Dismiss Notice
Join Physics Forums Today!
The friendliest, high quality science and math community on the planet! Everyone who loves science is here!

Homework Help: Wavelength - Yellow line in the spectrum of a sodium lamp

  1. Aug 24, 2011 #1
    1. The problem statement, all variables and given/known data
    The outermost electron in a sodium atom can be in these energy states: (1)-0.82 aJ, (2) -0,48 aJ, (3) -0.31 aJ [itex]1 aJ= 10^{-18} J[/itex].

    When we study the spectrum of a sodium lamp, we see a yellow line.
    Use the above given energy states to determine the wavelength of this yellow light. Visual light: 400 nm to 750 nm


    2. Relevant equations

    [itex]E_{photon}=hf [/itex] where h is planck's constant: [itex]h=6.63 \cdot 10^{-34}[/itex]

    [itex]c=f\lambda[/itex]


    3. The attempt at a solution

    I can only find one ultraviolet and one infrared wavelength from the given energy states.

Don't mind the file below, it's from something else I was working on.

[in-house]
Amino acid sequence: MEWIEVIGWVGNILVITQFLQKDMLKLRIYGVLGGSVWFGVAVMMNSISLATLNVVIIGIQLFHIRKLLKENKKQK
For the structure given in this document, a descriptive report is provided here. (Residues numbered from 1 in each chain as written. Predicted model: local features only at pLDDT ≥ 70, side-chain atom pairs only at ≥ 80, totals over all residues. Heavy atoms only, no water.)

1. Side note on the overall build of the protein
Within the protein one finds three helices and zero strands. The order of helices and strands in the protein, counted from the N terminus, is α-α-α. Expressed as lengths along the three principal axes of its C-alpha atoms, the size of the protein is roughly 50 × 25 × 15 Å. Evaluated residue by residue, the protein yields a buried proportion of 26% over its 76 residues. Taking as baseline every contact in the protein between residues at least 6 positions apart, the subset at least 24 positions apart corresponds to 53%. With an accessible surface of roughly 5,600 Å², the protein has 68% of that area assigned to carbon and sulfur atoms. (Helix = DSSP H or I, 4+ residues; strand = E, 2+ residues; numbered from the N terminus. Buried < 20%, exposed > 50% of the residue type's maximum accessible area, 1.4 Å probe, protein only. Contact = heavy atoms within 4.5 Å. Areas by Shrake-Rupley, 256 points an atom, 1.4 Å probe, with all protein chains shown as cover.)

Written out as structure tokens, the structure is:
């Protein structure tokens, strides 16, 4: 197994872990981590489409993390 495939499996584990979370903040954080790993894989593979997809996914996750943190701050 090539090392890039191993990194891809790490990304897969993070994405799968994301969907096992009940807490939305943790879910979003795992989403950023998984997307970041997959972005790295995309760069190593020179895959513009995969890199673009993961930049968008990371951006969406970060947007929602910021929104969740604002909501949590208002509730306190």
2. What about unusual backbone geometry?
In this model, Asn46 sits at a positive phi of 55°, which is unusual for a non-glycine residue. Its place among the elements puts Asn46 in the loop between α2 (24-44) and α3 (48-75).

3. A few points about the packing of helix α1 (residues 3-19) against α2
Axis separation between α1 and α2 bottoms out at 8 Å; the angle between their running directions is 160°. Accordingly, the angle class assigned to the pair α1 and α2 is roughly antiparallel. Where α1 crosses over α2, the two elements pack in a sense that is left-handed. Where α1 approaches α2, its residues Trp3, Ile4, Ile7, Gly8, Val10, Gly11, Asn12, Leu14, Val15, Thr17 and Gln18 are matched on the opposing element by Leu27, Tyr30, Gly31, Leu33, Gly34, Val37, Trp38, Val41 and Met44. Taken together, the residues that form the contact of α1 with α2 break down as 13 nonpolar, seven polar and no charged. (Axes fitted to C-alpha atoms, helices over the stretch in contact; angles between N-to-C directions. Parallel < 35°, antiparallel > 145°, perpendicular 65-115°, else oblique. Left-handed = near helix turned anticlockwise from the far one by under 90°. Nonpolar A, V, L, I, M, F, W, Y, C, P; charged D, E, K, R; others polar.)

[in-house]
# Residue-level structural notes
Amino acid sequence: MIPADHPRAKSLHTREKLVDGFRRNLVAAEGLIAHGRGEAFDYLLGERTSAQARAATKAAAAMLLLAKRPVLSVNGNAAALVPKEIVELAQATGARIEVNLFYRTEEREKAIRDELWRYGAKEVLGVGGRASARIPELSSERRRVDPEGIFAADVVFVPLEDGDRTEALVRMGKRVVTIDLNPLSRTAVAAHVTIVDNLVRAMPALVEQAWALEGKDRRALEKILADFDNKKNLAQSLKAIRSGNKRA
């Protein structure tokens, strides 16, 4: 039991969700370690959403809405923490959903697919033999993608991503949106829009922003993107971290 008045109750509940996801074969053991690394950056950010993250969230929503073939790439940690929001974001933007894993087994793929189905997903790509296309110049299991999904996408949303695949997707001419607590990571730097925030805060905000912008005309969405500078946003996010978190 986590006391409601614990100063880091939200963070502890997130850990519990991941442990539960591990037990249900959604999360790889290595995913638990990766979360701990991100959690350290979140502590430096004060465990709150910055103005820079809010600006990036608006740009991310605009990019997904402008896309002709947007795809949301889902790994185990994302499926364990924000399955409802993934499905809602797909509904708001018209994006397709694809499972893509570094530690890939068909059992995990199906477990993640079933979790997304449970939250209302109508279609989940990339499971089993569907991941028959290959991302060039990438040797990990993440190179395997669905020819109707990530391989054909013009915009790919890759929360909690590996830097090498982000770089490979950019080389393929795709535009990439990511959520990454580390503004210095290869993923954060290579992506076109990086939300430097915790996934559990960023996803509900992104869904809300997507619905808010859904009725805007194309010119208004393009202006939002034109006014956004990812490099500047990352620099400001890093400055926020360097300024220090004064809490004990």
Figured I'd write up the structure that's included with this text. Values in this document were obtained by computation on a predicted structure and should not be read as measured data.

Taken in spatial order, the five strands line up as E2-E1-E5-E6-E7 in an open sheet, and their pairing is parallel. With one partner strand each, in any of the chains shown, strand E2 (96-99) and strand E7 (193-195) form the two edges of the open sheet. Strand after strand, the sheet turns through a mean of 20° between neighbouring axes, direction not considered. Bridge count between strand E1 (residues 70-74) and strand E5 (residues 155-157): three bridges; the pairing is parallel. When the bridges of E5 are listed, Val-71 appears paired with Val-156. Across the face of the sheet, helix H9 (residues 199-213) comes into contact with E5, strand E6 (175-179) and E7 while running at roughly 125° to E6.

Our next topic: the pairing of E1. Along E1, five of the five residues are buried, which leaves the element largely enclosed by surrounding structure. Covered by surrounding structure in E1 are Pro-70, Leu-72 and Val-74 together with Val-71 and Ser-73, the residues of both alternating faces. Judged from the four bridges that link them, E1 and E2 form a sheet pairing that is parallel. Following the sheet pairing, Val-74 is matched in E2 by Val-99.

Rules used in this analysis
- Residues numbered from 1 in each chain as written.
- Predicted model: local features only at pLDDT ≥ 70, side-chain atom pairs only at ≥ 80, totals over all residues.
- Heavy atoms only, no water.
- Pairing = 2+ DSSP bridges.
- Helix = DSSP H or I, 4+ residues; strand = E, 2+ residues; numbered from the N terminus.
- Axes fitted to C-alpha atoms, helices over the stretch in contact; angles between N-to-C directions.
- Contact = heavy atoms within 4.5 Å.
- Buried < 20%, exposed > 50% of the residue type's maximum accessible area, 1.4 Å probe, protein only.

frequency: [itex]f=\frac {E_f}{h} = \frac {-.31 \cdot 10^{-18}J -(-.82 \cdot 10^{-18} J))}{6.63 \cdot 10^{-34} Js} \approx 7.69 \cdot 10^{14}[/itex]

    Wavelength: [itex]\lambda = \frac{c}{f}=\frac {3 \cdot 10^8 m/s}{7.69 \cdot 10^{14}}=3.90 \cdot 10^{-7}= 390 nm[/itex]

    This is in the UV-part of the spectrum. Similar problem arises with the other energy transiteration.

    However the answer key says 585 nm.

    Please help!
     
  2. jcsd
  3. Aug 24, 2011 #2

    kuruman

    User Avatar
    Science Advisor
    Homework Helper
    Gold Member

    You must have done something wrong. One of the differences does give 585 nm. Check your work. Also, you can use E = hc/λ to relate directly the energy to the wavelength.
     
  4. Aug 25, 2011 #3
    That's true, yesterday I only thought of two possible movements between the energy states, but there were three. And the third one was the one I should use. Thank you for taking time to help...
     
Share this great discussion with others via Reddit, Google+, Twitter, or Facebook